Fears of reprisal force bin Laden family to flee their homes in US

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The Independent US

There was apparently no official warning, but undoubtedly the relatives of Osama bin Laden realised that – at least for the time being – America might not be the most comfortable place for them to live.

Relatives of Mr bin Laden have fled their homes in the United States amid fears that they would be targets of reprisals aimed at the man they disowned years ago.

They left on Tuesday 18 September – a week after the terror attacks on New York and Washington – in a privately chartered aircraft, its seats rearranged to give the handful of passengers more room. They left from Logan airport, Boston, the airport from which two of the hijacked planes had taken off seven days earlier.

A spokesman for the Saudi Arabian embassy in Washington denied claims yesterday that the bin Ladens had been told by the FBI and the Saudi government to return. He said: "There was no official warning from the government that they should go but maybe they thought it would be better if they went home."

Reports suggest that Mr bin Laden may have up to 25 relatives living around the city of Boston. Some of them, including one of Mr bin Laden's brothers, Mohammed, are well known.

In the aftermath of the attacks, the FBI has made repeated searches of Flagship Wharf, the apartment complex in the Boston suburb of Charlestown where many of the relatives live.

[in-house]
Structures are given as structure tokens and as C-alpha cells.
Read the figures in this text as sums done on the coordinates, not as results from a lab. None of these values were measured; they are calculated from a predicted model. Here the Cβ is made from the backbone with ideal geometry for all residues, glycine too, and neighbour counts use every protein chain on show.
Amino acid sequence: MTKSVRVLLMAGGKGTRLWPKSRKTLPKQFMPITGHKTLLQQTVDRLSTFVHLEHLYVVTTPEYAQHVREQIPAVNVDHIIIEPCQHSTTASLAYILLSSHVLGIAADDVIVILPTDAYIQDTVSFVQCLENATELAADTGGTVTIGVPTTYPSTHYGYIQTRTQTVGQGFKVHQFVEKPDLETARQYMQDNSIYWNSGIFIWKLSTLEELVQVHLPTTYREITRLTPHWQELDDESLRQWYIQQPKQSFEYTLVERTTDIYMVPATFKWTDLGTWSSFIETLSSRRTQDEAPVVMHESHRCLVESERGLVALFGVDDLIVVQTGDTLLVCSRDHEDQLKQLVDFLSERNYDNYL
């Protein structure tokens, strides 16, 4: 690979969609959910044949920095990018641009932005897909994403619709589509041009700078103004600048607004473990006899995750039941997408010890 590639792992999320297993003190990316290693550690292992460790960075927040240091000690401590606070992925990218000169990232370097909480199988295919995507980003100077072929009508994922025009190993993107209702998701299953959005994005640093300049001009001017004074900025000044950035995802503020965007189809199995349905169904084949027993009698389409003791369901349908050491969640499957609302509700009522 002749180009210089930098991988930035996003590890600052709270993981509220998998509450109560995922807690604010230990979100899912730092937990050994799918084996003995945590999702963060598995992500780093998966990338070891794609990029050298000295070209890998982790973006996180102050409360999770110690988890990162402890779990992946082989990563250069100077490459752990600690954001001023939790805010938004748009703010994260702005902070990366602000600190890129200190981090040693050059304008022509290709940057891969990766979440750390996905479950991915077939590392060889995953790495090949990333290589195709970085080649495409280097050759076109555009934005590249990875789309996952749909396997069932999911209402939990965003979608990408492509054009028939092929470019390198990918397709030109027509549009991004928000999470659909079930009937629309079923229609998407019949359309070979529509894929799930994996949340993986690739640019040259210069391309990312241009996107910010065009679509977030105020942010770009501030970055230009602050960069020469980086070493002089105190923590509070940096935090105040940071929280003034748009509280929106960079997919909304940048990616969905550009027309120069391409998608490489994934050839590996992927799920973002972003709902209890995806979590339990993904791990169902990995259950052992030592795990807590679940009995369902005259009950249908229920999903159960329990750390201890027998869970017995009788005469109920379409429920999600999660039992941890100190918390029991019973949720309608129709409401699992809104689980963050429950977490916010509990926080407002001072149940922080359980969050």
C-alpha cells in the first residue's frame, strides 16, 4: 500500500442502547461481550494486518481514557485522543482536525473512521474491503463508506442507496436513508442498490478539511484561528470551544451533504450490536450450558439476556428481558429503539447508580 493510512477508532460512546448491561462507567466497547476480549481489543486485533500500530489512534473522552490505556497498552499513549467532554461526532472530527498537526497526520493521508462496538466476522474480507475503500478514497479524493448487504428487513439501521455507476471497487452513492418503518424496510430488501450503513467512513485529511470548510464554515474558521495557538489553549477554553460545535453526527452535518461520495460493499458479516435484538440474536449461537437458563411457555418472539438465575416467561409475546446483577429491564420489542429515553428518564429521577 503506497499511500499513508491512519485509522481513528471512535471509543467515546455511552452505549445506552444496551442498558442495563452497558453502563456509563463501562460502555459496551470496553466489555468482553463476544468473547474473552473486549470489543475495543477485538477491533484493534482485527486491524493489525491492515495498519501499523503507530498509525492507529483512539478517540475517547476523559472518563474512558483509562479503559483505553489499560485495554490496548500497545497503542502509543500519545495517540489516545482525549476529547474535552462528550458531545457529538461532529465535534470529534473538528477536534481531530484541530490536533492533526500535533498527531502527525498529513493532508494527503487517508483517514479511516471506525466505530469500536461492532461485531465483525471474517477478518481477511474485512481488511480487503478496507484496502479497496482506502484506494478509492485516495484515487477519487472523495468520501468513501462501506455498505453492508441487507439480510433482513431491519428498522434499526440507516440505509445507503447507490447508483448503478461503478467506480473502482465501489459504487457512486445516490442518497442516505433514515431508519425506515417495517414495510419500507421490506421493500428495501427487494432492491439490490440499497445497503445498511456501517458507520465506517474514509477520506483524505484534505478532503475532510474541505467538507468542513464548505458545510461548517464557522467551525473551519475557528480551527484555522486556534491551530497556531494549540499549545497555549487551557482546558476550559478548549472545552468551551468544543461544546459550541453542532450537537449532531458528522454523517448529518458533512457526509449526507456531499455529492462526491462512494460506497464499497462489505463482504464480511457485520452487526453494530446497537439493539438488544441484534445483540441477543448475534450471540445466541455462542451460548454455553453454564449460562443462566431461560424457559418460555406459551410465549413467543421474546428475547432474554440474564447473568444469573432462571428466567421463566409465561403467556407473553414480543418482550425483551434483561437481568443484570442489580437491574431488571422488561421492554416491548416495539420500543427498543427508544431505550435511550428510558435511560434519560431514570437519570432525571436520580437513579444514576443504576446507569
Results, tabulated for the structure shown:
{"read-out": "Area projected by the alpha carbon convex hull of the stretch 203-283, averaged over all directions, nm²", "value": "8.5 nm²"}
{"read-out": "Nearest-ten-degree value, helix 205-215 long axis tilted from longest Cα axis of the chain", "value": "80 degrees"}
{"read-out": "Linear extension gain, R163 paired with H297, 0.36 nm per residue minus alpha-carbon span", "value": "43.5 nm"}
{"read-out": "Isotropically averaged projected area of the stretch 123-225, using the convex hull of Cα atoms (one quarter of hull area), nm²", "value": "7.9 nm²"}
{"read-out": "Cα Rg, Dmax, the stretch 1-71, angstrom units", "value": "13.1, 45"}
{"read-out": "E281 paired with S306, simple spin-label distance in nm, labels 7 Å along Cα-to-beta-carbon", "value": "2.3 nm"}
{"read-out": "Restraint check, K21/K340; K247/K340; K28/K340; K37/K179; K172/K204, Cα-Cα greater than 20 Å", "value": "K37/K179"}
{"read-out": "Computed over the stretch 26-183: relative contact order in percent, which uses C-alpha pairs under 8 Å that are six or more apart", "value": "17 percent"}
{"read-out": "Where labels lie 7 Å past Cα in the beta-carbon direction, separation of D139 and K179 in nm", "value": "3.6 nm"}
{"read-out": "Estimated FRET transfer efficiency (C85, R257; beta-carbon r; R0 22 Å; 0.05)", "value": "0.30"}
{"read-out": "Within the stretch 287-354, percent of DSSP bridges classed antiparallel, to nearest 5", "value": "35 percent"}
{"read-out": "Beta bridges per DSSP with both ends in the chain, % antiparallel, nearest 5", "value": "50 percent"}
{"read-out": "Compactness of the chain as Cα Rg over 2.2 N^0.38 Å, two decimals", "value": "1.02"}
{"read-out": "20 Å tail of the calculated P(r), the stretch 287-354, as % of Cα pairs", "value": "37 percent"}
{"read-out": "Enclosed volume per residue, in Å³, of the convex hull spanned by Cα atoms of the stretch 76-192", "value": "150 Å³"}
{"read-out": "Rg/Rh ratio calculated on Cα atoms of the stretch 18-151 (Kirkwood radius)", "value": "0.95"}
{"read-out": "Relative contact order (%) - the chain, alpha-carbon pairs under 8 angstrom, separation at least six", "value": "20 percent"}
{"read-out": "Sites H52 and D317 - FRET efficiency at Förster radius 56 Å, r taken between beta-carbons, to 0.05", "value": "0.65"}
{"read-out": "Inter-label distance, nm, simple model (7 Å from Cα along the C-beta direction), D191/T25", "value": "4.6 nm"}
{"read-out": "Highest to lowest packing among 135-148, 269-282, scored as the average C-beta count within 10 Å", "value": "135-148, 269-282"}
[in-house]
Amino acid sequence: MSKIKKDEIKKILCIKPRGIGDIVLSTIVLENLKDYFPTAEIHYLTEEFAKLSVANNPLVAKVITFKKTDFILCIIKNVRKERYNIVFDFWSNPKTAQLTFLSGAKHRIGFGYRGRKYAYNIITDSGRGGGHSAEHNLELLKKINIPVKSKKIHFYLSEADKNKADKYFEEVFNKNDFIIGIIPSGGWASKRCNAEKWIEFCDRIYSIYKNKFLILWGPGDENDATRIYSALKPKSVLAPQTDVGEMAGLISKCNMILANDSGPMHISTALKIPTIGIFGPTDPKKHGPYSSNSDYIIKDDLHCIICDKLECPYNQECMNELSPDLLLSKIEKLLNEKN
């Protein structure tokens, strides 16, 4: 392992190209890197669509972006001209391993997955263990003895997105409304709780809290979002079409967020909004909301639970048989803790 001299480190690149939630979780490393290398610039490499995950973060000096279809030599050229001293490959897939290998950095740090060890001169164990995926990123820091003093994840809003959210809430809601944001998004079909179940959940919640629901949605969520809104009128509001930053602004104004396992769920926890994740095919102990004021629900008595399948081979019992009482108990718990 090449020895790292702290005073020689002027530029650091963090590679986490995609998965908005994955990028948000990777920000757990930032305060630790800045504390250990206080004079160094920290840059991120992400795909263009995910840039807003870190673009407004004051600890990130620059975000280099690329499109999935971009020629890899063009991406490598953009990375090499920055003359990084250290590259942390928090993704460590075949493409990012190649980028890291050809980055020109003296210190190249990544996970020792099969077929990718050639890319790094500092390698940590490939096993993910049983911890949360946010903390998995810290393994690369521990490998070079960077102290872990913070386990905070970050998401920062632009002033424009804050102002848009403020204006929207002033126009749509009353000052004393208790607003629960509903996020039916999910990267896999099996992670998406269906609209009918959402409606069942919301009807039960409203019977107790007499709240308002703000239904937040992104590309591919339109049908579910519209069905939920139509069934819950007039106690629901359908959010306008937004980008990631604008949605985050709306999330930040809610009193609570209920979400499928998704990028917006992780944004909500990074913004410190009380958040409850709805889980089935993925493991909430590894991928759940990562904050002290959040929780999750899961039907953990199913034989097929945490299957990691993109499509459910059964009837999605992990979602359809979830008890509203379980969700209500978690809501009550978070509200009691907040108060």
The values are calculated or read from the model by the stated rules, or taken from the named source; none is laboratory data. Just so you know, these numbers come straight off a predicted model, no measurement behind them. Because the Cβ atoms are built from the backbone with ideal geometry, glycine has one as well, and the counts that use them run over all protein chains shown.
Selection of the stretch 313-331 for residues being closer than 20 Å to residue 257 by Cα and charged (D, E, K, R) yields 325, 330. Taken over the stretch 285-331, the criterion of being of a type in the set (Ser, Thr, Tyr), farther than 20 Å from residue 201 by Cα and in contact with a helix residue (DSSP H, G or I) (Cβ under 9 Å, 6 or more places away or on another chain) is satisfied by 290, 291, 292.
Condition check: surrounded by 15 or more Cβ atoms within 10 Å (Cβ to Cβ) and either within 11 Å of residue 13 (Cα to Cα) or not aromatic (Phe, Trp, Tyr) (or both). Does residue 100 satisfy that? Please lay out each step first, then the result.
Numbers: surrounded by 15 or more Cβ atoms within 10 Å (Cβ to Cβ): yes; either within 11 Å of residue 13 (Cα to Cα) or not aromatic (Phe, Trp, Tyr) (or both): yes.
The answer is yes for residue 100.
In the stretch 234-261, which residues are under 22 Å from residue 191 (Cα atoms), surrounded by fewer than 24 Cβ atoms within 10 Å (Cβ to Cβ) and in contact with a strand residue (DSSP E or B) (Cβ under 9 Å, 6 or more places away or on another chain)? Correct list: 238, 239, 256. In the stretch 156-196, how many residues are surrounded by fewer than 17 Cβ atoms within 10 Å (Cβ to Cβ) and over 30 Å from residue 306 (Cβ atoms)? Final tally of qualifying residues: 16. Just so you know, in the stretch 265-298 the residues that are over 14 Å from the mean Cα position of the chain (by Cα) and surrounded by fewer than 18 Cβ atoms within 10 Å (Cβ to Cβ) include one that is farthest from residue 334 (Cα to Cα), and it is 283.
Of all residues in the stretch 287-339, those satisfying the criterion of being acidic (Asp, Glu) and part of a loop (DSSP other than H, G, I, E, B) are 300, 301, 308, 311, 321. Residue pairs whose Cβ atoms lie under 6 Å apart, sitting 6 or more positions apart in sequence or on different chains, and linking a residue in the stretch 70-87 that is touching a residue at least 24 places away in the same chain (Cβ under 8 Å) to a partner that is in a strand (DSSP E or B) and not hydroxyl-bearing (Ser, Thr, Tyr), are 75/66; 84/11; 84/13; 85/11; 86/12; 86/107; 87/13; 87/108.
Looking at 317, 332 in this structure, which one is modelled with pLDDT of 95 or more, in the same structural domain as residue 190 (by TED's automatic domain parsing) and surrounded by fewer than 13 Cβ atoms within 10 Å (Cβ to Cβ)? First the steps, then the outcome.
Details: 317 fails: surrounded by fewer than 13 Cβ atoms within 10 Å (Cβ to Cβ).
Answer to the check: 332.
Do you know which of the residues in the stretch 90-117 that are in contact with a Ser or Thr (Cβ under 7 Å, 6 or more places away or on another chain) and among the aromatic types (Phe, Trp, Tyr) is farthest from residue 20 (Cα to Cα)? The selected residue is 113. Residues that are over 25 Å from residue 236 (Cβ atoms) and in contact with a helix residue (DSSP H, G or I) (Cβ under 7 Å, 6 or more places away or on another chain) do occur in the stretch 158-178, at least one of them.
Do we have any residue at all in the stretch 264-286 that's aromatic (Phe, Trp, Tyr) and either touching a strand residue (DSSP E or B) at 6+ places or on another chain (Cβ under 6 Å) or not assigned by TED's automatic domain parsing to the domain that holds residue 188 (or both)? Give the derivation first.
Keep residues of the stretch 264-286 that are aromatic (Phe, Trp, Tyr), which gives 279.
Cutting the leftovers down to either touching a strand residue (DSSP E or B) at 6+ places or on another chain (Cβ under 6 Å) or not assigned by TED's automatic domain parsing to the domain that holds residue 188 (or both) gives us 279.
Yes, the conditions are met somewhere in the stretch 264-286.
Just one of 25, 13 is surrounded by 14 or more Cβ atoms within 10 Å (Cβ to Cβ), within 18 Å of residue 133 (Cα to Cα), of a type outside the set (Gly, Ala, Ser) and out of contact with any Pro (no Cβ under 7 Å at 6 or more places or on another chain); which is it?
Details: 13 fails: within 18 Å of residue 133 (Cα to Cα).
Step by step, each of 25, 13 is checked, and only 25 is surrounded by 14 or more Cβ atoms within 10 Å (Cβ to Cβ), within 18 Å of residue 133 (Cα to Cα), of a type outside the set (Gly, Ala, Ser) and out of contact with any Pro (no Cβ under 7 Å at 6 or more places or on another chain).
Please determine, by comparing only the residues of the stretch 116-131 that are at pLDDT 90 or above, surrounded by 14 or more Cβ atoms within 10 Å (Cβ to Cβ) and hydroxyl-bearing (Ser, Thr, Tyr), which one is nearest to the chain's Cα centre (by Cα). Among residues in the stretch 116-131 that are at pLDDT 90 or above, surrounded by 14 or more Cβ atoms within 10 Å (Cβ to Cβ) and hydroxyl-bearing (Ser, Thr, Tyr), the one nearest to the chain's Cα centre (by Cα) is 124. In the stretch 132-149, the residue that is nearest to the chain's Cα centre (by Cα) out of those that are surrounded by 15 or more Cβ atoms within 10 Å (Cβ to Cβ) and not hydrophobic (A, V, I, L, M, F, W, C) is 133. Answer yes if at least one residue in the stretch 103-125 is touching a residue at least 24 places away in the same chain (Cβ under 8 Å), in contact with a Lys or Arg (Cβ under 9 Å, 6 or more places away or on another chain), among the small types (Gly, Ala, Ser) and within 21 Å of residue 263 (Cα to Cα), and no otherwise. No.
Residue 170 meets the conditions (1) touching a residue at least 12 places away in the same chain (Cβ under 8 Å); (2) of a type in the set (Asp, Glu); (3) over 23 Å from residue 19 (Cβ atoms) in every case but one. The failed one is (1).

Another brother of Mr bin Laden, Abdullah M bin Laden, is a 1994 graduate of Harvard Law School and lives in Cambridge, Massachusetts. Whether he is among those who have left is not known. A family lawyer was unavailable for comment yesterday.

Other relatives are students in the Boston area. One of these, Faisal bin Laden, Mr bin Laden's nephew, has left the University of New Hampshire where he is a first-year student, though he reportedly told friends he intended to return.

Mr bin Laden is the son of Mohammad bin Awdah Laden from southern Yemen. When his father moved to Saudi Arabia he made a fortune in construction, renovating the holy cities of Mecca and Medina in projects that not only added to his wealth but made the bin Ladens highly respected citizens in the eyes of the Saudi Royal Family and the general population.

Mr bin Laden is said to have 51 siblings. They, in keeping with his other relatives, have apparently disowned both him and his extreme views.

It is unclear how many relatives of Mr bin Laden have returned in recent days to Saudi Arabia, most probably to the city of Jedda where the family is based. Some reports said just five members left on 18 September, flying in a Boeing 727 that had been reconfigured and contained only 30 seats, all in first class.

Another relative, Mr bin Laden's half-brother, Khalil Mohammed bin Laden, is the Brazilian honorary consul in Jedda. He was given the position in 1998 after marrying a Brazilian woman he met while studying in America. A Brazilian foreign ministry spokesman said there were no plans to remove him from this post. "There's nothing wrong with his work. He will remain in the position as long as we are pleased with his performance," the spokesman told Veja magazine.

The Saudi government has warned all its nationals living in America to take extra care as a number of the suspected hijackers were from that country. An embassy spokesman added: "We have advised our citizens to be careful, but to go on with their lives. We told them to use common sense, to avoid bars. Don't go to areas where people might get rowdy."

He said about two dozen students had returned to Saudi Arabia on flights provided by the Saudi government.

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